It’s strange when you think about it. Out of all the great rookie cards from the 80’s that hit three figures, it’s an error card that perhaps will be forever cherished in the minds of collectors.
Sure, Clemens, Ripken Jr., Canseco and a few others carried The Hobby on their shoulders at times, but no other card created such buzz as did the 1989 Fleer Bill Ripken error card.
Today this card is truly a forgotten treasure to many collectors, especially those who missed out on the 80’s. However, this card and its dozen versions will live forever on the website BillRipken.com, which has more information on the card than you could ever imagine.
On the secondary market, you can find this card for about $5 dollars, which is not so bad when you think about it. That’s about $4 more dollars than the rookie card of a man who hit nearly 450 more home runs than Billy, won the Most Valuable Player award unanimously, and created a prestigious “club” that only has three other members.
More on that player next time on Forgotten Treasures.
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It’s been almost twenty years since the infamous 1989 Fleer Bill Ripken “error” card hit the market. Finally, the most famous baseball brother this side of Ozzie Canseco has commented on the card and has thrown a large accusation towards Fleer (LINK), now owned by Upper Deck and no longer producing baseball cards.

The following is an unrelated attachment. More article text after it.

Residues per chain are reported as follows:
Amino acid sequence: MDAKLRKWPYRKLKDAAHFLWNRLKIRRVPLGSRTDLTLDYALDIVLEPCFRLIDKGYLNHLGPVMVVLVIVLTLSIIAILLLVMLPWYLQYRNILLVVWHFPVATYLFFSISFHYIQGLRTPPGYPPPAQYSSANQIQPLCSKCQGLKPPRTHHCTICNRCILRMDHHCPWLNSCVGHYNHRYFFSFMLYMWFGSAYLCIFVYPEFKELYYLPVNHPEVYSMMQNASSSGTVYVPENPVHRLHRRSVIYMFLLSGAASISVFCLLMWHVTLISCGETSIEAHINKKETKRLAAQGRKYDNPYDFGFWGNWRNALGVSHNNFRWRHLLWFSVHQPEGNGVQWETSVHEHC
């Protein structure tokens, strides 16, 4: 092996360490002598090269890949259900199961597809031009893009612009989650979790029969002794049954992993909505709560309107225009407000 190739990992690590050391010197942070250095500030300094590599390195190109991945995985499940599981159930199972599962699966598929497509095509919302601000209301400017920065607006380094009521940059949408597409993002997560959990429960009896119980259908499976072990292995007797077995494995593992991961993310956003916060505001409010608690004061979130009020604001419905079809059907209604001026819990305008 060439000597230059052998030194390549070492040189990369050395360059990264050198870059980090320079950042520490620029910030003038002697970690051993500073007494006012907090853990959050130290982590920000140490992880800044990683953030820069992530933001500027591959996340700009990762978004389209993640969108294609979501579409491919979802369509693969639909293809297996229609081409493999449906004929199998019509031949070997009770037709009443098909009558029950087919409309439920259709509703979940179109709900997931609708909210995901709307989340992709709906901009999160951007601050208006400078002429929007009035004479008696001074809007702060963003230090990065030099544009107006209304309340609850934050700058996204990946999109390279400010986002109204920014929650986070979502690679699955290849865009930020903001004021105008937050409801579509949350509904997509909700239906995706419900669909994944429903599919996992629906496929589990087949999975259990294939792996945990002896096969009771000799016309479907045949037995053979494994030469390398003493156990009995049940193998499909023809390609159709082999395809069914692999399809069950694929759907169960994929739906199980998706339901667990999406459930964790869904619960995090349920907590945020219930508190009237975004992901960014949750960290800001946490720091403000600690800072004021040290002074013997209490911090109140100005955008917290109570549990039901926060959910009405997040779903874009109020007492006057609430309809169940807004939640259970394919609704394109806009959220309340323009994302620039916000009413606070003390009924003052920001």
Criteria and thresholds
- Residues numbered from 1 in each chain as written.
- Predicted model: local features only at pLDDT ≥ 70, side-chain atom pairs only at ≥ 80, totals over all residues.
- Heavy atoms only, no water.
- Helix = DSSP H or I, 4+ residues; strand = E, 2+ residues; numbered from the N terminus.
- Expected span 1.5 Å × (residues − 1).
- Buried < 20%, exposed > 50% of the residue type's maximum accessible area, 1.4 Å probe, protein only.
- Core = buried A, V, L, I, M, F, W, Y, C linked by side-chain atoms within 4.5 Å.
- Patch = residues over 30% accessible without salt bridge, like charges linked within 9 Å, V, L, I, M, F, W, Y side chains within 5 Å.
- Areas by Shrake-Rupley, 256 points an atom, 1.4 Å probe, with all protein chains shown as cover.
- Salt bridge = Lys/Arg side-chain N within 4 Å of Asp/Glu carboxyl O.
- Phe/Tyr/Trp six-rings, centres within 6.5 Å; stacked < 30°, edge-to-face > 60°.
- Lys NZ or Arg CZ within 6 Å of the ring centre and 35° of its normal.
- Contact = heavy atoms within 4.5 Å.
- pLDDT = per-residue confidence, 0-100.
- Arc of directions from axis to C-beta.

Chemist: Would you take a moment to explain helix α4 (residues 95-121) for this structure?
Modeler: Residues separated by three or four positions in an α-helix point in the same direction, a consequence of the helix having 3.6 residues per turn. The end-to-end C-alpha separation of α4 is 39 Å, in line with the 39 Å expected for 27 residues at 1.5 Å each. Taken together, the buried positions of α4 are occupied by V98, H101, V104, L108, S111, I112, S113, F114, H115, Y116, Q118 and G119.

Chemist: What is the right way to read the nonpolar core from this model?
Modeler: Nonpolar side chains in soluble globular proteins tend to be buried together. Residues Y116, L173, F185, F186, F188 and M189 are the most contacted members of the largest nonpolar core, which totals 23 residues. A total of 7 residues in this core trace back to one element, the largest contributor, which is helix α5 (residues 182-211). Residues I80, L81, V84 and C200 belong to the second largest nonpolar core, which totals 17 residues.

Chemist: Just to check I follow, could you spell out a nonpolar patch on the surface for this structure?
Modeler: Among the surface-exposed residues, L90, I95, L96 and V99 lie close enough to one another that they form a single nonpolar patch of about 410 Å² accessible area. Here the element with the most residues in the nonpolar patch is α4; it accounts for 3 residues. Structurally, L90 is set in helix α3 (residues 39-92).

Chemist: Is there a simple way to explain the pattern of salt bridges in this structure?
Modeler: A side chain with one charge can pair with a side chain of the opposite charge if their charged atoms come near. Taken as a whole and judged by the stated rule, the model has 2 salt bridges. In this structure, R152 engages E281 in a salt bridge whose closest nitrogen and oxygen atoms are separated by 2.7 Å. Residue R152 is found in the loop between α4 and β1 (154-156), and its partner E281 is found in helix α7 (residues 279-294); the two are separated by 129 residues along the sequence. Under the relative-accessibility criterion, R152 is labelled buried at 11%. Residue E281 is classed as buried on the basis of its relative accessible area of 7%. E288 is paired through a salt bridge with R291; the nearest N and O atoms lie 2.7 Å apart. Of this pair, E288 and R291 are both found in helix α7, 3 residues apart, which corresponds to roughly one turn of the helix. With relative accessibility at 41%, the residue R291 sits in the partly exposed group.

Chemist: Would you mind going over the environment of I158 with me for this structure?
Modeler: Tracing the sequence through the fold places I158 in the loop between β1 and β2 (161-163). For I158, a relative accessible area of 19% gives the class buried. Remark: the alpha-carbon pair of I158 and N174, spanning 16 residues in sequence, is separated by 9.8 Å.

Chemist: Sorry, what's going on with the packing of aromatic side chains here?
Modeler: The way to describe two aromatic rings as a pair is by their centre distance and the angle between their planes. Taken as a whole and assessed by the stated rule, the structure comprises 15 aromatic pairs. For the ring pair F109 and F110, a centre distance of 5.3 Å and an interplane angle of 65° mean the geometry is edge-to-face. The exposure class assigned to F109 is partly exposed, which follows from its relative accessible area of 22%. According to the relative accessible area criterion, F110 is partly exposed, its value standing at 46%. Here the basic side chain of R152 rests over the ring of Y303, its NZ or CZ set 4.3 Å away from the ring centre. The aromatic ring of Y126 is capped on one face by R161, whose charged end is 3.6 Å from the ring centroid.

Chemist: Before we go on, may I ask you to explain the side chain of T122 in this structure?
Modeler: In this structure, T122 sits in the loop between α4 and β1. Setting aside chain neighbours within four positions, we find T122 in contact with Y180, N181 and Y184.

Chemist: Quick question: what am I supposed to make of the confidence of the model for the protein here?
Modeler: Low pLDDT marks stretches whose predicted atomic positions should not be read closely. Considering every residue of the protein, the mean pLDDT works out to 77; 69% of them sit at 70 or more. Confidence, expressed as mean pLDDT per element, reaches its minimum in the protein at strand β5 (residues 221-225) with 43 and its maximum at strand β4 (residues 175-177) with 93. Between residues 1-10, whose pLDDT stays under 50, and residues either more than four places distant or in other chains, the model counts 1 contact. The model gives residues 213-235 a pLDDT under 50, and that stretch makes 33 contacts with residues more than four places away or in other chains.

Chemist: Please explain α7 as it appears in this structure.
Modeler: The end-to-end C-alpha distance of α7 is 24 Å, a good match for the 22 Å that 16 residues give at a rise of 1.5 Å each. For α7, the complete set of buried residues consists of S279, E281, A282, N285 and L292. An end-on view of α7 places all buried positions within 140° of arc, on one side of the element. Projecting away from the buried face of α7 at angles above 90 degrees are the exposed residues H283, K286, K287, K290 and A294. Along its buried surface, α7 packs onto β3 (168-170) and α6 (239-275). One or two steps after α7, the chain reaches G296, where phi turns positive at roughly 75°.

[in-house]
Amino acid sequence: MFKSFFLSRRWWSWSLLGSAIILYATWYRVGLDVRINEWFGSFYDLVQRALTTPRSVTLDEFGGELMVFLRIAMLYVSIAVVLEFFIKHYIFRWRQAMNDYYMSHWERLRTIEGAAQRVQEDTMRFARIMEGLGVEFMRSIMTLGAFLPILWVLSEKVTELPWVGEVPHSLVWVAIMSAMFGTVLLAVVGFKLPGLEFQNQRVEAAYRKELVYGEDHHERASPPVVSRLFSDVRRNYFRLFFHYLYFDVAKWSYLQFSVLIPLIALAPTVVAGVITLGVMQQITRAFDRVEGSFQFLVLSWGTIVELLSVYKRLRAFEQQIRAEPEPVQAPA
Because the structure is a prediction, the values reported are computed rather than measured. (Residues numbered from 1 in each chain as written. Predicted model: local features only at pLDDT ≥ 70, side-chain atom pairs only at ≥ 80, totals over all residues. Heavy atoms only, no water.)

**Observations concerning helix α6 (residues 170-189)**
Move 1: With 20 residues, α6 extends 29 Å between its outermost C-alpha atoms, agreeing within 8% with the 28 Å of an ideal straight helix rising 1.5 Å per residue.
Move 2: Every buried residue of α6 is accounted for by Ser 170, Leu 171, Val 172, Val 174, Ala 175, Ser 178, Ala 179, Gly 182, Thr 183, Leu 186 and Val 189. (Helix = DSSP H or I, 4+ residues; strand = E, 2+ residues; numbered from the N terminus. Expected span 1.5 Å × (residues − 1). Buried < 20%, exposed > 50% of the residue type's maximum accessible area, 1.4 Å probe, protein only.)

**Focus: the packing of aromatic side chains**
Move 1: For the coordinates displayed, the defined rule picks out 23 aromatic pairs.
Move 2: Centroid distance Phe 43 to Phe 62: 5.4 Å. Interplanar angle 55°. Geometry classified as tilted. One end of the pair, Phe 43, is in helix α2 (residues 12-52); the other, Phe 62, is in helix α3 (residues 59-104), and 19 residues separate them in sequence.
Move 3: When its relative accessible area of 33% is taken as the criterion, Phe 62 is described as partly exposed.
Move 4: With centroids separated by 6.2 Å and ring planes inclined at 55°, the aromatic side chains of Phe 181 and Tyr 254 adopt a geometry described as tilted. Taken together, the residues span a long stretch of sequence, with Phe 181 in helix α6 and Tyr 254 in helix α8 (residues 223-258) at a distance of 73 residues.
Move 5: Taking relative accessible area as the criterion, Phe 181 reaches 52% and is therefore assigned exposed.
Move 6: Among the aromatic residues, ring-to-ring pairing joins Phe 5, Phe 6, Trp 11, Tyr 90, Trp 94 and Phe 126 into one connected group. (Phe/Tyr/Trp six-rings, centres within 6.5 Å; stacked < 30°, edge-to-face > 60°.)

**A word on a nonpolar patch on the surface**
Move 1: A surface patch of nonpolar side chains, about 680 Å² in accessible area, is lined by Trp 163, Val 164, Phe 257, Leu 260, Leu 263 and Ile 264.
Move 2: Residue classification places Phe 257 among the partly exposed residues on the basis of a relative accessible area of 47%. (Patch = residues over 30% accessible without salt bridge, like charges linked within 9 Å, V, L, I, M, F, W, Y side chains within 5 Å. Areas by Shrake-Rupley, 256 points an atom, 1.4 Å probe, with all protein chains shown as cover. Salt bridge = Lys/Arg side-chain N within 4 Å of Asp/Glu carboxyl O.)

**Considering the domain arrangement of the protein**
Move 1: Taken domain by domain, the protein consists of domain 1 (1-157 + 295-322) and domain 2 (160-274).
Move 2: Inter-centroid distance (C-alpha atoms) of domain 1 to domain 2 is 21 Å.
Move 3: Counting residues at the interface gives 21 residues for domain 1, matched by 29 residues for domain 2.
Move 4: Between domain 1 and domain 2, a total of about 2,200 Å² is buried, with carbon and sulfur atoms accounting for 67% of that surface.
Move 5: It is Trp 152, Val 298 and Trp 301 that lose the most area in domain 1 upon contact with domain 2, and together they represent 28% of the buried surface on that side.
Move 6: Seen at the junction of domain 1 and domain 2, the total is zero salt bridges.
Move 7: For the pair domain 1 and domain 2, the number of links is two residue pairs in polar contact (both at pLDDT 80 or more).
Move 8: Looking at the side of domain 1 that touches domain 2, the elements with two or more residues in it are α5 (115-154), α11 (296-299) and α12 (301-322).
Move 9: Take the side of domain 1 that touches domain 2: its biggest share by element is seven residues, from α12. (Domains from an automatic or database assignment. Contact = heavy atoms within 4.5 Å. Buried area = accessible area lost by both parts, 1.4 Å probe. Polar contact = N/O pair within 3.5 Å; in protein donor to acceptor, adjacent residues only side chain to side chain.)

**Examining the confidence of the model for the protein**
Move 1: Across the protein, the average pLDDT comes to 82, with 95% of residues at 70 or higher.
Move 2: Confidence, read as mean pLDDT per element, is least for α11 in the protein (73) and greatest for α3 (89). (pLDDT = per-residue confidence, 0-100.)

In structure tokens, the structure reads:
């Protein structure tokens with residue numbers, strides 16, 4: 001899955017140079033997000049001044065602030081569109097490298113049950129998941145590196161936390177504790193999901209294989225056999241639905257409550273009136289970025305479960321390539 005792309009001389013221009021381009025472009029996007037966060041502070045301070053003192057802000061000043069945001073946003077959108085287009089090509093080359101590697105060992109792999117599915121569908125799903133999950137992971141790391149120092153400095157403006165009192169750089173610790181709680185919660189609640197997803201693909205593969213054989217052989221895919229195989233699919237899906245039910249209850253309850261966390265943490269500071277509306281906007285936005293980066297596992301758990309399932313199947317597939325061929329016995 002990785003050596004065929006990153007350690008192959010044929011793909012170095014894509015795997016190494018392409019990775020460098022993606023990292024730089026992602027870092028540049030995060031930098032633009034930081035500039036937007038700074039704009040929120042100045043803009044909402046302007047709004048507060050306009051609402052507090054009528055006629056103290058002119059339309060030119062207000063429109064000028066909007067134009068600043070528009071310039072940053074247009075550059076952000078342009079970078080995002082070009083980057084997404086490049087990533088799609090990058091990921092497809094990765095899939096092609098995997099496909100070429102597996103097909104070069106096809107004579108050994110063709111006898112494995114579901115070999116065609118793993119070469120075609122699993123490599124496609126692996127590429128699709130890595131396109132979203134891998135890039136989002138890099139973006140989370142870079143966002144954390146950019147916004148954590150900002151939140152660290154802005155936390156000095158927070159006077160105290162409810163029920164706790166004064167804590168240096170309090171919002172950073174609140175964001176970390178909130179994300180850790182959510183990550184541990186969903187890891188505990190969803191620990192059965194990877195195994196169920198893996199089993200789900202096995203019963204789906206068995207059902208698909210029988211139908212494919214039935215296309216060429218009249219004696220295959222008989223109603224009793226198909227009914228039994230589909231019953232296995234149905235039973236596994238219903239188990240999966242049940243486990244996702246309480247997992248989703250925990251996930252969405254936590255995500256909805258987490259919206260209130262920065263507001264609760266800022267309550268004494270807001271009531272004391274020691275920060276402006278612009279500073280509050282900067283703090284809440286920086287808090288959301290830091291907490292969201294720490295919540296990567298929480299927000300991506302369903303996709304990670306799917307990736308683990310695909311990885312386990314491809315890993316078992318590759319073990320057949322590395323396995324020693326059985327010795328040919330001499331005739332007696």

“I mean, they certainly have to have enough proofreaders to see it. I think not only did they see it, they enhanced it. That writing on that bat is way too clear. I don’t write that neat.”
So is Fleer responsible for one of the first and greatest “gimmick” cards of all-time? We will likely discover who shot J.F.K before we learn the inner workings of a card company so don’t hold your breath. Now, the card once valued at hundreds of dollars can be had for very little so if you’ve ever dreamed of owning one rush out to eBay and make a bid or two.
This 1989 Fleer lacks a piece of a game-used relic, certified autograph or any other one of today’s popular vices but still ruled the Hobby for years, along other 80’s icons like the ’86 Donruss Jose Canseco and the ’89 Upper Deck Ken Griffey Jr. rookie card.
As a card blogger, I am ashamed not to own a copy.
I never really bought into the whole “error card” craze of the 80’s & 90’s. I just didn’t see the point in paying hundreds of dollars because Topps forgot to add Frank Thomas’ name on the front of the card or cause Billy Ripken wrote his brother’s nickname on the barrel of his bat. Still, this ’97 Pinnacle Certified is one sick, mutant baseball card.
On the front of the card you have 75% Craig Biggio, 25% some unknown player. On the back and upside down is the back of Shannon Stewart’s card. Considering the 25% on the front is most likely not Shannon, you are looking at a baseball card with three different players on it.
I might even throw it up on eBay for fun with a “OMG 1 of 1 SUPER RARE ERROR CARD” as the title to see if I can lure a few big spenders with too much cash to blow. Otherwise, I’ll just hold on to it until some Biggio/Mystery Player/Stewart Super Collector contacts me for a trade.